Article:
A survey conducted by Mike Crane of Burlington, VT in 2003 clearly demonstrated the economic windfall the West River releases affords the Londonderry-to-Brattleboro area each spring and fall (provided the ACE actually releases water). Although we are not clear how to leverage the SCORP to elevate the importance of this decades-long tradition in southern Vermont each spring and fall, we feel it must be a recreational priority, in light of the economic and recreational benefits accruing from these weekend paddling festivals on the West River.

PROCUREMENT AND DEVELOPMENT OF PRIMITIVE CAMPSITES FOR PADDLERS DESCENDING THE CONNECTICUT RIVER FROM THE CONNECTICUT LAKES TO THE MASSACHUSSETS BORDER

History: A good deal of work has been done by the Vermont Rivers Conservancy on this project, and they would welcome direct grant monies to continue to negotiate easements, etc. and organize the volunteer labor needed to prepare/maintain sites for overnight campers. http://www.vermontriverconservancy.org/

FEASIBILITY STUDY FOR A WHITEWATER PARK IN VERMONT

History: Whitewater Parks exist in a number of locations around the US and in Europe. They bring in tourist dollars, and provide energetic low-impact recreational opportunities for kayakers and canoeists. The Little River near Waterbury (see above) has been identified as a possible location for such a park in north central Vermont. For over a quarter century some have talked of the possibility to develop the Winooski River's Chace Mill rapid into a safer and more boater-friendly water park ( http://www.vtpaddlers.net/talk/bowstern/archive/1978-02.php#item8 ). There may be other, equally deserving, locations in Vermont where such a whitewater park would be a boon to tourism and community revitalization. We will be happy to discuss the successes of whitewater parks in communities like Denver Colorado, Reno, Nevada, South Bend, Indiana, etc. and participate in a feasibility study for Vermont.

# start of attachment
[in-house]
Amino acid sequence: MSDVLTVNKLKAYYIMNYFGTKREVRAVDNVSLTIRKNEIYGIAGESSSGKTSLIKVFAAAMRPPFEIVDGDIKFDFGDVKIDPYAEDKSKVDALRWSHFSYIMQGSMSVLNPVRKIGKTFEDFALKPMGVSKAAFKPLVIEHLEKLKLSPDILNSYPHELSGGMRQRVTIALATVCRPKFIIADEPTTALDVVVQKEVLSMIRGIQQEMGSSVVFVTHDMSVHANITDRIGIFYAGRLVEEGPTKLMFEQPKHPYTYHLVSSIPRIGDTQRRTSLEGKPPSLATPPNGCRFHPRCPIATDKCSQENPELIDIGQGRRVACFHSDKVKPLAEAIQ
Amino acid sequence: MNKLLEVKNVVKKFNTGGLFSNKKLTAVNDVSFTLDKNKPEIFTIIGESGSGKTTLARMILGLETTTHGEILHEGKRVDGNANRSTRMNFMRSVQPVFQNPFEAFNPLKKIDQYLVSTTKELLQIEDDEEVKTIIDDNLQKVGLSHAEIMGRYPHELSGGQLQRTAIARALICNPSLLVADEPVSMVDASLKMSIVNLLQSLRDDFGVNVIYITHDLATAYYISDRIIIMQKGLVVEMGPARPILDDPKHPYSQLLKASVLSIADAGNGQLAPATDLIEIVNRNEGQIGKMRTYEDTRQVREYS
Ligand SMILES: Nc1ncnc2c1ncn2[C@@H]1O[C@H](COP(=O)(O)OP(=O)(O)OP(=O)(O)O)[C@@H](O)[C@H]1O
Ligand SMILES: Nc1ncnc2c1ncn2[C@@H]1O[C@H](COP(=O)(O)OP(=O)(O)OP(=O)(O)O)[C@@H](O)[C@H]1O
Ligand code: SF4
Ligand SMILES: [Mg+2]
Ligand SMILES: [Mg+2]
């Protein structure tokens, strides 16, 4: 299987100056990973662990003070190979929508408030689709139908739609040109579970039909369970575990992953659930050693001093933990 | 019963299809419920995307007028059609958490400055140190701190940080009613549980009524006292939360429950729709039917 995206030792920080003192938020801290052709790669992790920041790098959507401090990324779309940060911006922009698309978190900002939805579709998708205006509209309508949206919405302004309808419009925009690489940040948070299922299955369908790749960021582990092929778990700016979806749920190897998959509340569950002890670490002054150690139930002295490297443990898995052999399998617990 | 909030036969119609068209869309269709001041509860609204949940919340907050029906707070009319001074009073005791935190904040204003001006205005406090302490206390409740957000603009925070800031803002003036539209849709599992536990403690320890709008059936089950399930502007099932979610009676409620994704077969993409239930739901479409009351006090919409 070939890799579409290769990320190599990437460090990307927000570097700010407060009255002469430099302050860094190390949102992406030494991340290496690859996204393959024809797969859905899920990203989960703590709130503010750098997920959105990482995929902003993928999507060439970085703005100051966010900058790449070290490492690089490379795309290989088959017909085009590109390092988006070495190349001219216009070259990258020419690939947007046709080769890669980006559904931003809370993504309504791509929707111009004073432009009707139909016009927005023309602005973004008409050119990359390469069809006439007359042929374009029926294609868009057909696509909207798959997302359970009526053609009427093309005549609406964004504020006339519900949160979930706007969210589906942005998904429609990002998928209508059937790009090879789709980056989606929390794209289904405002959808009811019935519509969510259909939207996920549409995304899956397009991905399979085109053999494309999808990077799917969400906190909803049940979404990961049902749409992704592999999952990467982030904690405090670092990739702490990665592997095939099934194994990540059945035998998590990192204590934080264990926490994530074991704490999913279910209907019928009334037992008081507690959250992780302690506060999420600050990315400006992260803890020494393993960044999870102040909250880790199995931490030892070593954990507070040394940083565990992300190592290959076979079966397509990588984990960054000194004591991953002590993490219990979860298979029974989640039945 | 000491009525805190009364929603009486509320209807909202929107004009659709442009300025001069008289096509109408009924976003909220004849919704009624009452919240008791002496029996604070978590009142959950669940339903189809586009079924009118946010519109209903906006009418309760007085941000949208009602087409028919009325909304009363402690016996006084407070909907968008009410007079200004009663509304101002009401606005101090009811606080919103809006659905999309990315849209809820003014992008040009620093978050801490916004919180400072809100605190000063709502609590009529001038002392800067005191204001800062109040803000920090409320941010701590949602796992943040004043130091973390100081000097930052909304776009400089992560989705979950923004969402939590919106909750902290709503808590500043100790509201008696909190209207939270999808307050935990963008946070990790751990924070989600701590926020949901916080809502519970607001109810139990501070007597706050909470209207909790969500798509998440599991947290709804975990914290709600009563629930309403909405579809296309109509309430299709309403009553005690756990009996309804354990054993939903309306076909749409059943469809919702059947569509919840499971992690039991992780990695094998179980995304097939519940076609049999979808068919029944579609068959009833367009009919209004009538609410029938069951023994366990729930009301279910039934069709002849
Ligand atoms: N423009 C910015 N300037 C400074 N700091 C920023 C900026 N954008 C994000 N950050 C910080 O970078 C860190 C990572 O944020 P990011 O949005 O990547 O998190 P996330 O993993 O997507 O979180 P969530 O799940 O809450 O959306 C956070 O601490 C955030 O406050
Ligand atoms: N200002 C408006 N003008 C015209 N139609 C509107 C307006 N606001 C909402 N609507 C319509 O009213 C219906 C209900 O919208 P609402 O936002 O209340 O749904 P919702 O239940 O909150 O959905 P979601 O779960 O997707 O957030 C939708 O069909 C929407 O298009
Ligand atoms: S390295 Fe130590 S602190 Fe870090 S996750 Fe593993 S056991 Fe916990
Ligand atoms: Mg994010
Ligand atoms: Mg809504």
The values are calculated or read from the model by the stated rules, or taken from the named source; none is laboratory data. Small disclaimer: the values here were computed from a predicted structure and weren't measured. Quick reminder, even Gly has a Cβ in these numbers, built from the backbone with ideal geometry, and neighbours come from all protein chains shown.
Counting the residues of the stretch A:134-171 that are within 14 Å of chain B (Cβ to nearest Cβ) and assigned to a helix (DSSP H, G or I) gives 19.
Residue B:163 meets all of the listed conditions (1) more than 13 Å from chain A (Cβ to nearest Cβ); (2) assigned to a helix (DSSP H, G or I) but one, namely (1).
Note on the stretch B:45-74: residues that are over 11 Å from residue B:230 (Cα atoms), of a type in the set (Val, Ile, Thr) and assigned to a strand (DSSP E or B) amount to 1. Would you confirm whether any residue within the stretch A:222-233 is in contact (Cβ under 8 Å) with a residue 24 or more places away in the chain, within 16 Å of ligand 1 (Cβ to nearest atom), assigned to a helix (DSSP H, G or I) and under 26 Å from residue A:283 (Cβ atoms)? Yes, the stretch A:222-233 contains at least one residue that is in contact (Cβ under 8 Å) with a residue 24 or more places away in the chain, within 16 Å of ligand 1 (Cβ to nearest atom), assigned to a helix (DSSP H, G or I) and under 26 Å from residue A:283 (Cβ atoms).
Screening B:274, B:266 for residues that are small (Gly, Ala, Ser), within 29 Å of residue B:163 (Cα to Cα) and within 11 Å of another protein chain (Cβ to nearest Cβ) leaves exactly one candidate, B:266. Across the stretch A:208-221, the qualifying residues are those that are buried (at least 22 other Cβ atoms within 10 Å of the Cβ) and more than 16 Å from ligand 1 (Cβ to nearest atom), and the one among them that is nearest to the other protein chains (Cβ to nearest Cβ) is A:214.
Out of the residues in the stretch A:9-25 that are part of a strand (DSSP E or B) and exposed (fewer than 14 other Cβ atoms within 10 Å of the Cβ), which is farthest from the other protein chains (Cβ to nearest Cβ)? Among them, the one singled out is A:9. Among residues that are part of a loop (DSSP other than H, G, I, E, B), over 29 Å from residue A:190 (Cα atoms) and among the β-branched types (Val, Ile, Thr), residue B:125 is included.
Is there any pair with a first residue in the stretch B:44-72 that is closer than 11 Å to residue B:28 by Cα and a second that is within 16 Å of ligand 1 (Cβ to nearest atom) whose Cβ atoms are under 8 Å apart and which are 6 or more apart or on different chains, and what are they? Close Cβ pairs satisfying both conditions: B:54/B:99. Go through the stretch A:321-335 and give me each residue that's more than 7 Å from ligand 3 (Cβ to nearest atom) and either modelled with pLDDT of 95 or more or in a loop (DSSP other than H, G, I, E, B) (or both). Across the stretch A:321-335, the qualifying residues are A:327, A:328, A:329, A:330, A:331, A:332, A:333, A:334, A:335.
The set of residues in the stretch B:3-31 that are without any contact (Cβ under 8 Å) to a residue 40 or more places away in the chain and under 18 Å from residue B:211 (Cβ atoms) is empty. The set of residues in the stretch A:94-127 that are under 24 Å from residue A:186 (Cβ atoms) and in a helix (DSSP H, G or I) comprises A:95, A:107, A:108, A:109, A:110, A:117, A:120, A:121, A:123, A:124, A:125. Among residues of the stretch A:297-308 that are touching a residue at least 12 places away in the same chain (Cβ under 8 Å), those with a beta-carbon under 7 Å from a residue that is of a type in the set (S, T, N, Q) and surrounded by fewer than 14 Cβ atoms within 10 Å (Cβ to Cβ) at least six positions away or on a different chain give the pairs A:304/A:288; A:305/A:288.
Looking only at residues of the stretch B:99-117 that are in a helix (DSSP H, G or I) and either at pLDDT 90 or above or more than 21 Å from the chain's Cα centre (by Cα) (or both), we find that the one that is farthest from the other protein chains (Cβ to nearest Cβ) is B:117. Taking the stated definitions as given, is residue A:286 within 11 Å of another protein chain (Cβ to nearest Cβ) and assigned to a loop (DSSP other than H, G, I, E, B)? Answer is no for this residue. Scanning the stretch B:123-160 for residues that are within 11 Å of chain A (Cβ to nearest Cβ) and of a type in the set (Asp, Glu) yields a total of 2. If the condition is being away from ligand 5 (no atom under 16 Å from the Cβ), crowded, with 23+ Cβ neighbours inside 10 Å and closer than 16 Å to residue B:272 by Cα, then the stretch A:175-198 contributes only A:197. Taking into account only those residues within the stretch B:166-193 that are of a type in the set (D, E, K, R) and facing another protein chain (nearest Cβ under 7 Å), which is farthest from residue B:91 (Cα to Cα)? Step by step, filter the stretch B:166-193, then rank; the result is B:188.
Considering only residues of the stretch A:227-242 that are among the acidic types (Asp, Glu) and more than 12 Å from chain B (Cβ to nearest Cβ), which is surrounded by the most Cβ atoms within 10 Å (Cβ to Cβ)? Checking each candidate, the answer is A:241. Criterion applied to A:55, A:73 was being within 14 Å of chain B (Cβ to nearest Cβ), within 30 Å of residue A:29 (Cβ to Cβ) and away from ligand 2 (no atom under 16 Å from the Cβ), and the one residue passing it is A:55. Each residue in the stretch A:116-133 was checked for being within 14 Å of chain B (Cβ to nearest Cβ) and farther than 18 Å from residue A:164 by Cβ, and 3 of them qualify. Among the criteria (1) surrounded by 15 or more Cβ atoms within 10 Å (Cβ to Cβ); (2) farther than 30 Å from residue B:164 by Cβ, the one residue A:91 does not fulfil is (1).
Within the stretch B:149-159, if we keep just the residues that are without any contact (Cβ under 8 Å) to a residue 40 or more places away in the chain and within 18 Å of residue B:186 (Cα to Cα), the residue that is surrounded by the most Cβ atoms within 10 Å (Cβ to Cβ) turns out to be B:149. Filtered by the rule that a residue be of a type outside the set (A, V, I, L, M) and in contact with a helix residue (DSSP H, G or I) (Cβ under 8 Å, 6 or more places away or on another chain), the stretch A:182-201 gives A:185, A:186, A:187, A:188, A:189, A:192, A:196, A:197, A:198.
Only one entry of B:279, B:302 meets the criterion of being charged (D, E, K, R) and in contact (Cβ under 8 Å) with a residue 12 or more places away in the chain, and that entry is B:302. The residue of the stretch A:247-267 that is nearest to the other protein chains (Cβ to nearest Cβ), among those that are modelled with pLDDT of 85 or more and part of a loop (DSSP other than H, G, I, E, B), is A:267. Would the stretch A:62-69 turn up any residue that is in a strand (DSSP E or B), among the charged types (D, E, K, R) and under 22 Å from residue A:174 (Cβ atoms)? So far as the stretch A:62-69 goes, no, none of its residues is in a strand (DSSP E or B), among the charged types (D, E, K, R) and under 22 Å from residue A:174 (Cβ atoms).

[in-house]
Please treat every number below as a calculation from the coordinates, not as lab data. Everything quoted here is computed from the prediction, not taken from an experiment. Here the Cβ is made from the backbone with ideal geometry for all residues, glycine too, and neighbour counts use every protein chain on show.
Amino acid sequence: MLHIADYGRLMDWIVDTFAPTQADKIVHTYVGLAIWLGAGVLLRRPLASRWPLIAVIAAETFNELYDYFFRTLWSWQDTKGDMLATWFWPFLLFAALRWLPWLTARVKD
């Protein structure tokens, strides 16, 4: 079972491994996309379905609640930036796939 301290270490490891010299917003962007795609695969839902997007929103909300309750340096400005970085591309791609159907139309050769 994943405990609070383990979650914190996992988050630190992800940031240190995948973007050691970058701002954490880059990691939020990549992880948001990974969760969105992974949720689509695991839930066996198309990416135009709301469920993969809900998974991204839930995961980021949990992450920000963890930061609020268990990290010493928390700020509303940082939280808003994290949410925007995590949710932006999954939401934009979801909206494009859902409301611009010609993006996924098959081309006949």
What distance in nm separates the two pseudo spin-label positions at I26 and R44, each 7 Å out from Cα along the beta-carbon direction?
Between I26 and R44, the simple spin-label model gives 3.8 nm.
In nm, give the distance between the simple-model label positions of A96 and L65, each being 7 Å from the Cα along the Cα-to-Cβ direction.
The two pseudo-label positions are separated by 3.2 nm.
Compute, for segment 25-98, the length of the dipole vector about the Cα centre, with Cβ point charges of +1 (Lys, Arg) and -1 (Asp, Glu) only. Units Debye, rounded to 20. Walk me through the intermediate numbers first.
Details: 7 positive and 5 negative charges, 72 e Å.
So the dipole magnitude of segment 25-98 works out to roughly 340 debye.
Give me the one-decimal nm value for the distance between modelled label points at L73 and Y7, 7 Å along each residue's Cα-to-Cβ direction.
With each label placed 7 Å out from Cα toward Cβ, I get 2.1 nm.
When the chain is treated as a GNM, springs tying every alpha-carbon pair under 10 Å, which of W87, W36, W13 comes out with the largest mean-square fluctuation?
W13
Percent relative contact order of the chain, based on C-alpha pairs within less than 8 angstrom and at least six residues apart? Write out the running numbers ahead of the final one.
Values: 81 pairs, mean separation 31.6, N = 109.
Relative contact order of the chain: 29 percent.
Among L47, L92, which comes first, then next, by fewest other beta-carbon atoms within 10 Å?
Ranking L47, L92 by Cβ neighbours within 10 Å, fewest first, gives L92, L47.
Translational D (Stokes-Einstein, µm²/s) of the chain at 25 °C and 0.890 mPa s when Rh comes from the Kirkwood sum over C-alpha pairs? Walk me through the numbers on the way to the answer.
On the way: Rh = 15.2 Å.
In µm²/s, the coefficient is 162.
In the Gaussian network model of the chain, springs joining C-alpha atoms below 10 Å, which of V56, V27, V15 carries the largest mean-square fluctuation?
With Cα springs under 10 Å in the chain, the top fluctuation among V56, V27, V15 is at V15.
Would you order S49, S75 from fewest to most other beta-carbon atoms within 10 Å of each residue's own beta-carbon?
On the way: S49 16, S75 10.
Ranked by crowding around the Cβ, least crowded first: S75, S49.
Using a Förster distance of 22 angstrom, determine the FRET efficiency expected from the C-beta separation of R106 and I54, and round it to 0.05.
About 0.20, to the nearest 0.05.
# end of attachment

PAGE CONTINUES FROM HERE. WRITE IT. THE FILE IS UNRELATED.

ASSURING PUBLIC ACCESS TO NAVIGABLE WATERS WITHIN VERMONT

Access to a number of popular river reaches has been threatened over the years by private land acquisition and "posting". These include the final 1.5 miles of the Mad River in Moretown/Middlesex, the extremely popular "Lower Lamoille" in Fairfax, among others. The SCORP should be apprised of these public access issues and appropriate money toward securing easements and/or outright purchase of river landings which are heavily used by paddling enthusiasts and in danger of being closed to the public. In many cases, these same landings may be used by fisherman and/or swimmers and/or naturalists throughout the summer and fall - all the more reason to keep them open to the public in perpetuity.

Please contact representatives of the Vermont Paddlers Club if we can be of assistance in furthering any/all of these recreational objectives during your SCORP review.

Thank you,
Tony Shaw
259 Pleasant Acres Drive
Williston, VT 05495
802-879-1655 boatful@comcast.net
Ray Ingram
Burlington, VT
578-8367
rkicanoe@msn.com